Last night after a great dinner out with my friend and editrix Leslie I came home, spent some time with Michelle, fed the boy, and finished the book.
As I said before, it felt like seeing some old friends you haven’t heard from in a while (and who you expected to die horribly at any moment) which was good because the voice and tone of the characters was something I was worried about. Why? Well, George R.R. Martin has, in the past, taken some time in finishing a novel but he hasn’t ever taken as long as he did between Feast and Dance and one thing I was concerned for was that he would’ve lost the voice of his characters. Thankfully, that doesn’t seem to have happened.
The plot moves a bit more in this book than it did in Feast in that we have a greater span of time happening (at least as far as I remember) although parts of it did feel like they were bogged down, particularly around Meereen. The thing that has held up A Dance with Dragons was Meereen, or as GRRM put it “the Meereenese Knot”. In previous books GRRM felt like he’d written himself into a corner with having Daenerys end up there and staying to rule. Since he has said many times that he knows how the series is going to end, I’m assuming that Dany has to get somewhere from Esteros and having her stop and stay in Meereen kind of got in the way of it. The plot felt slower in these chapters with not a lot going on, nothing really knew being discovered, and I could feel some of that frustration; to put it in a different way, the characters speak a lot words but don’t say anything, they take a lot of actions but don’t really accomplish much.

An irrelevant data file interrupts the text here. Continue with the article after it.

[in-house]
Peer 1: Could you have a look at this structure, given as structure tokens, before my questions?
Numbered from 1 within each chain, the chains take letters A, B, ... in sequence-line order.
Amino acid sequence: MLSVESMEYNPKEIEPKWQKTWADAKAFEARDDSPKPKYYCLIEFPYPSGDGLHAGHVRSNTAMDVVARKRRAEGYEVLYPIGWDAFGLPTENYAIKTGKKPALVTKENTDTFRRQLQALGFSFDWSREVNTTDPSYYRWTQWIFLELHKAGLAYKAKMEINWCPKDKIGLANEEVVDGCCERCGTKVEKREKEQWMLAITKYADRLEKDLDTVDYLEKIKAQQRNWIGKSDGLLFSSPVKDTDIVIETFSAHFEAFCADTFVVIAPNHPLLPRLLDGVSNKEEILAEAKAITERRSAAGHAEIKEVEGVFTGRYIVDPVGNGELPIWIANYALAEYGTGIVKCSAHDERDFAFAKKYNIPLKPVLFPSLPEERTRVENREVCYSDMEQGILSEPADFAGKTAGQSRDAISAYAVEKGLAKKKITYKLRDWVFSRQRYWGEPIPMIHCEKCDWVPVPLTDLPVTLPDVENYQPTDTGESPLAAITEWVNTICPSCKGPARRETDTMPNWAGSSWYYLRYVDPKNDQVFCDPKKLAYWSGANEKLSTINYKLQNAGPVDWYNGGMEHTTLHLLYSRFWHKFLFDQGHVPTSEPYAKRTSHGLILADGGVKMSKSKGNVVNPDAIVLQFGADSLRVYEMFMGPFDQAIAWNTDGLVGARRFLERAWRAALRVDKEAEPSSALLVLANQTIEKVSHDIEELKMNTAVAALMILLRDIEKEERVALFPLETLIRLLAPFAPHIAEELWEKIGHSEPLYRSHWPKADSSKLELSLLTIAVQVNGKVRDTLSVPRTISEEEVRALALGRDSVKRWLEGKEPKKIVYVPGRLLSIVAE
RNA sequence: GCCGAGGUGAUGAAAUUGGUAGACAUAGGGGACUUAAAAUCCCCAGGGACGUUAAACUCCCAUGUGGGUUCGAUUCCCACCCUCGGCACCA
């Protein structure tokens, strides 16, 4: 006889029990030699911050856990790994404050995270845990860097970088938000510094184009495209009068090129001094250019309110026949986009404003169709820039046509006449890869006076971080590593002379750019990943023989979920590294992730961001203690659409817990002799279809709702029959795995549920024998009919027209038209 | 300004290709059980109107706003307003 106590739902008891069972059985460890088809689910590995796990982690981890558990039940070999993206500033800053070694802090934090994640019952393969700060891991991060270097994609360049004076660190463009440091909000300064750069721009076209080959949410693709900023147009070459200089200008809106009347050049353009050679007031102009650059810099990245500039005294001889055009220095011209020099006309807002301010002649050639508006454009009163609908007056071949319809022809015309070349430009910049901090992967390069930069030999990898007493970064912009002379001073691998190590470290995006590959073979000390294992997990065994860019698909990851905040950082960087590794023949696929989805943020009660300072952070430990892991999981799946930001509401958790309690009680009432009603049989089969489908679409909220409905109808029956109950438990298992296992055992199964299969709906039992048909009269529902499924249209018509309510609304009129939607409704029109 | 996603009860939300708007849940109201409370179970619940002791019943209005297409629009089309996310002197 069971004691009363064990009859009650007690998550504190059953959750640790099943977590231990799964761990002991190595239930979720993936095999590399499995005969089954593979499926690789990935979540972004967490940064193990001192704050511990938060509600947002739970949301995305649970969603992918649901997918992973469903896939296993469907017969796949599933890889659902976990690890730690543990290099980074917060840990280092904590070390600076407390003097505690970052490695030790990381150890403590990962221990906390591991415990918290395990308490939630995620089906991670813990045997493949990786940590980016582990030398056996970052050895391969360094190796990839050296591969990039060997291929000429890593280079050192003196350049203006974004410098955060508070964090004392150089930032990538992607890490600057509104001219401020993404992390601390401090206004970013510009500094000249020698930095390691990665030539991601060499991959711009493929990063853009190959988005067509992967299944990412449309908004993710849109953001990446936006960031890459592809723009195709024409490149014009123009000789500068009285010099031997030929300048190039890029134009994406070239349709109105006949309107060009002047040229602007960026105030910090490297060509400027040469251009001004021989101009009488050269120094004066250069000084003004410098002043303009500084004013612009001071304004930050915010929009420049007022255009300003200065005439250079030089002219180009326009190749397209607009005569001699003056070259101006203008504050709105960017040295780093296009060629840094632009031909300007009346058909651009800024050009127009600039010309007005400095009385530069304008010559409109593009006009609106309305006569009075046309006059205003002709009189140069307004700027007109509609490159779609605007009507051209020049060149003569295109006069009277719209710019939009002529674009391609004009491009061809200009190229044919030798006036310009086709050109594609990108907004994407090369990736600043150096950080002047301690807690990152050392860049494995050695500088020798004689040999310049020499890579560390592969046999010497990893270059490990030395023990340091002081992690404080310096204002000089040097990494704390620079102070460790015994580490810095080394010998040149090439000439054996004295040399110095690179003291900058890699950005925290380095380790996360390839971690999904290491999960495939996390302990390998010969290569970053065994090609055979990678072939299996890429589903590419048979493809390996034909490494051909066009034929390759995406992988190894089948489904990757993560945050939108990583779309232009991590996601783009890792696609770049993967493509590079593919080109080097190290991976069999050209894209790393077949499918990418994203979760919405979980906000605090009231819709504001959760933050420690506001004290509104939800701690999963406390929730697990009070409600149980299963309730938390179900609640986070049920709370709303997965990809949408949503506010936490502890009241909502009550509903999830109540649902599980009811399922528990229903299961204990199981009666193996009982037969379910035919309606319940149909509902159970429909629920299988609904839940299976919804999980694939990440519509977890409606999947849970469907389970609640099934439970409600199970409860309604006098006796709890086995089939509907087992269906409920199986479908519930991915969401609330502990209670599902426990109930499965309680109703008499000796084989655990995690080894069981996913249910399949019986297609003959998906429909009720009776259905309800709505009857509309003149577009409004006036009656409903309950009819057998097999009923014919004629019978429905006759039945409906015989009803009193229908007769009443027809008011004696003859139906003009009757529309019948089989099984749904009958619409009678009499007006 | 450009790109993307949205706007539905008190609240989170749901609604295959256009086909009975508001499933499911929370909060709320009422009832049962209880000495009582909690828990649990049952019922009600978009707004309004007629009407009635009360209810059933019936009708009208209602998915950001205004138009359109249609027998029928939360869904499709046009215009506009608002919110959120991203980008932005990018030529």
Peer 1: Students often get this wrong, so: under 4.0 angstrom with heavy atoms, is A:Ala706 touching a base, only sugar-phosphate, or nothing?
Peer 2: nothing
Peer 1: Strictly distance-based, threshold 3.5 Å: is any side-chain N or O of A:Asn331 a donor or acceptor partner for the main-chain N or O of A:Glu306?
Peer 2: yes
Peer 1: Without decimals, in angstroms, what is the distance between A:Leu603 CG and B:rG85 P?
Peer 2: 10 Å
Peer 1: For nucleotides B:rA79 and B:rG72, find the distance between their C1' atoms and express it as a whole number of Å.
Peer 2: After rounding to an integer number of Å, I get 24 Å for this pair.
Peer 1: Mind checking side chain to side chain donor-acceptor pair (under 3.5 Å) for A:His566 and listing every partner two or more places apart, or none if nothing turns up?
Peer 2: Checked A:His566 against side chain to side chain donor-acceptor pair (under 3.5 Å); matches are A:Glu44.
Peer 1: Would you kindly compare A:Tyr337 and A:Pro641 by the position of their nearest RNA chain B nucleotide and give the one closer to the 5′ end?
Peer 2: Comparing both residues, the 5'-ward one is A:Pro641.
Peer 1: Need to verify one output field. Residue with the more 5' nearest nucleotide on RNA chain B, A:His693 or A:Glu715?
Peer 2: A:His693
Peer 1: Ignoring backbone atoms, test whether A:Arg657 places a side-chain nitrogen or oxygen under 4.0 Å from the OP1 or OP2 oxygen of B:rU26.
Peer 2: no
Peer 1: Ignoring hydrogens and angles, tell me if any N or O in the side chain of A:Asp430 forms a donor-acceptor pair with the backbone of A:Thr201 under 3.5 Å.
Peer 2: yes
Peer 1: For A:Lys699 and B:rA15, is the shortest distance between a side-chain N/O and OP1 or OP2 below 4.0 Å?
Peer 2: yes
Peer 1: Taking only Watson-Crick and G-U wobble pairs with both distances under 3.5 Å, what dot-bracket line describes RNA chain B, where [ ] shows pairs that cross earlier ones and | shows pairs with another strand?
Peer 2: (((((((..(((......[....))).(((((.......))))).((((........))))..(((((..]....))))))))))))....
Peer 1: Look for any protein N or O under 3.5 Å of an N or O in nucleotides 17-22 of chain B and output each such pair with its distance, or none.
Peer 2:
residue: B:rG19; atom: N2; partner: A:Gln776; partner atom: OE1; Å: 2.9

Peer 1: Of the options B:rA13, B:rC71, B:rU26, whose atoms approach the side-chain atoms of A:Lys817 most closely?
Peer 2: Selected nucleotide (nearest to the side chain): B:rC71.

My only other complaint is that I didn’t feel like this was a book with a beginning, middle, and end really which makes sense when you consider that, originally, it was supposed to be part of A Feast for Crows; the taste that is left in my mouth after, so to speak, is that this was filler. Delicious filler to be sure but not anything that left me sated in any substantial way.
One thing I found I enjoyed about ADwD was that it features some characters who received little to no face time in previous books who get to grow a bit, who we are fleshed out more. Mostly I think that’s because a lot of the other, more important characters in previous books are now dead but, still, it’s nice to see them move from one-dimensional characters to actually having lines and personality and I found myself cheering on some characters who I wouldn’t have expected to see much of.
I do have some other praise and complaints but those would involve specifics about the plot and so I won’t go into that here. In the end did I enjoy it? Yes, very much, and as with his previous books it leaves you with more questions than it answers and I expect there to be many more theories sprouting up about the fate of characters and what really has gone on. I would say that A Dance With Dragons, while not the strongest book in the series by far, definitely isn’t the weakest.